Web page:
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Evaluating improper intergral with trig function

  1. Sep 6, 2015 #1
    1. The problem statement, all variables and given/known data

    Okay so the problem is asking simply for a proof for convergence /divergence of the following indefinite integral:

    ∫(x*sin2(x))/(x3-1) over [2,∞)

    2. Relevant equations

    I know I can use substitution method
    3. The attempt at a solution

    Okay so I know if i factorize the bottom part of the integral I get:

    ∫(x*sin2(x))/(x-1)(x-1)(x2+x+1).

    Now obviously I am not sure if this a very elemetary problem or indeed quite challenging. I have tried substituion making u = (x3-1) but than didn't really work... Not sure what else I should try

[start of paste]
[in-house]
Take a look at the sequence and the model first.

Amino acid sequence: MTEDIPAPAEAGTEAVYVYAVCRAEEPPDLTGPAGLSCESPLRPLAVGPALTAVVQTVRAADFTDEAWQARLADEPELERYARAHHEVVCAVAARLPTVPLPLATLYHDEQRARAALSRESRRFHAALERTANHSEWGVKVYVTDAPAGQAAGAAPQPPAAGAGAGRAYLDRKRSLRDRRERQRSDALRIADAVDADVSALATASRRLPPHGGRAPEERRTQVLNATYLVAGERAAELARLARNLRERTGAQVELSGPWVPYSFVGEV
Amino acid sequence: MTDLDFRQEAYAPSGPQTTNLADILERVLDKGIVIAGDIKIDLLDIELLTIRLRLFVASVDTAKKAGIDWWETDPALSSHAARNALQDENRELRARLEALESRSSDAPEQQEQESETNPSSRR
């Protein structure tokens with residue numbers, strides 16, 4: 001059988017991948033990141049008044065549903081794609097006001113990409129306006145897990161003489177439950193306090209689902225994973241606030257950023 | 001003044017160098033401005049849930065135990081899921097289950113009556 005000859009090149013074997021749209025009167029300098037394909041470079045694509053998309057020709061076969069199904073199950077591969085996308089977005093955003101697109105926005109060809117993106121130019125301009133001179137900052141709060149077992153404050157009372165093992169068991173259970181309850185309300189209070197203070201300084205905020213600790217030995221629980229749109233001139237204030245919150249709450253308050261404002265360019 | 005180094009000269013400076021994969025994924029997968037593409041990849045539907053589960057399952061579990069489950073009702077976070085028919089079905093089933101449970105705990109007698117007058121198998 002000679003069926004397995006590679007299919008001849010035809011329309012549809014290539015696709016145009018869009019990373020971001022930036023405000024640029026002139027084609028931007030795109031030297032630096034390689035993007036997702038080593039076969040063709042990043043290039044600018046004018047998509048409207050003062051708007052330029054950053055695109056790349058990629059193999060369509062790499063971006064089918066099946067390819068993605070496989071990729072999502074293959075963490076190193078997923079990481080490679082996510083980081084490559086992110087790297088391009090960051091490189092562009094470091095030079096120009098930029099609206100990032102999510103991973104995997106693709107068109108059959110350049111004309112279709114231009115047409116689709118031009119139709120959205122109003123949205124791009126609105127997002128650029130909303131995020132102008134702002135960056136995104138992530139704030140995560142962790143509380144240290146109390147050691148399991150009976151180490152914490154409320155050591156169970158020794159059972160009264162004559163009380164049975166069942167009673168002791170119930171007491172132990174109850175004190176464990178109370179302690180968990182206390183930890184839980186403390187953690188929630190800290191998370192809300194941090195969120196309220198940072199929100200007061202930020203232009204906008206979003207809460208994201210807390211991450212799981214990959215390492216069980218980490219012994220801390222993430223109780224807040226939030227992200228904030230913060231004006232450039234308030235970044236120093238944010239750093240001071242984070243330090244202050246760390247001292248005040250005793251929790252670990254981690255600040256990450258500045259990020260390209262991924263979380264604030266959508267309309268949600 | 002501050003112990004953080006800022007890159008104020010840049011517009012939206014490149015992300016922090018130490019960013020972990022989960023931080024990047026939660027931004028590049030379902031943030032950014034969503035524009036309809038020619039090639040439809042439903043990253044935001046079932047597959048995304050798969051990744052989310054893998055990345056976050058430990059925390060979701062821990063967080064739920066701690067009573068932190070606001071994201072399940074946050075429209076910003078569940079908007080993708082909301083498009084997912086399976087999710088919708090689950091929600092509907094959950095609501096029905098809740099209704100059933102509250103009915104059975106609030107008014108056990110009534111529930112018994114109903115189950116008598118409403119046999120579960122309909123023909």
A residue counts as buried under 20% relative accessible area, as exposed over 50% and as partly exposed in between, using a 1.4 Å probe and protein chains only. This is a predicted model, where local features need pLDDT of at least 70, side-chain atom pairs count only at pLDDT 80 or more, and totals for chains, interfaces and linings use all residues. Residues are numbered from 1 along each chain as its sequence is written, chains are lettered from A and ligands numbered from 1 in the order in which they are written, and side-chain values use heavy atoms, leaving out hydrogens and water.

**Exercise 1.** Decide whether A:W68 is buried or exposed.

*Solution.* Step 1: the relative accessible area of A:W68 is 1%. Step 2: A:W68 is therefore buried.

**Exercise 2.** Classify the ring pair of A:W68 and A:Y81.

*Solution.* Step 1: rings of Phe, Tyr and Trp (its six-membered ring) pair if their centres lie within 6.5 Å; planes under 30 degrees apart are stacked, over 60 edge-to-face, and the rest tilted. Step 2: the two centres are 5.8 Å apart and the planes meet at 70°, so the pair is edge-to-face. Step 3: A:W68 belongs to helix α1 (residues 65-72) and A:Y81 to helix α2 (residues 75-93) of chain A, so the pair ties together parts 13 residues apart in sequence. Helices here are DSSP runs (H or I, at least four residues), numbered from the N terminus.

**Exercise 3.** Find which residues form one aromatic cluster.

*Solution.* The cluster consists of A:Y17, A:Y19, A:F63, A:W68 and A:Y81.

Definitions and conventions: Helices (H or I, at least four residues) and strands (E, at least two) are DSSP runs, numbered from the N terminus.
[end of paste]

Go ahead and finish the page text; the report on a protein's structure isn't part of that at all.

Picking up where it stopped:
2. jcsd
  3. Sep 6, 2015 #2
    I dont think that the problem wants you to solve the improper integral. Rather, it wants you to perform some test for convergence / divergence.
     
  4. Sep 6, 2015 #3

    That's what I thought, as the computation of the improper integral would probably be too challenging... Should I use the limit test? In other words compare the overall function to the convergence/divergence of 1/x3 as it approaches 2
     
    Last edited: Sep 6, 2015
  5. Sep 6, 2015 #4

    Ray Vickson

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    Homework Helper

    You don't need to worry about the lower limit x = 2, because nothing bad happens to the integrand ##f(x) = x \sin^2(x)/(x^3-1)## as ##x \to 2##. However, you do need to worry about the upper limit as ##x \to \infty##. Your textbook and/or course notes must have some relevant tests to use; try out some of them, then come back here if you still have some questions and issues.
     
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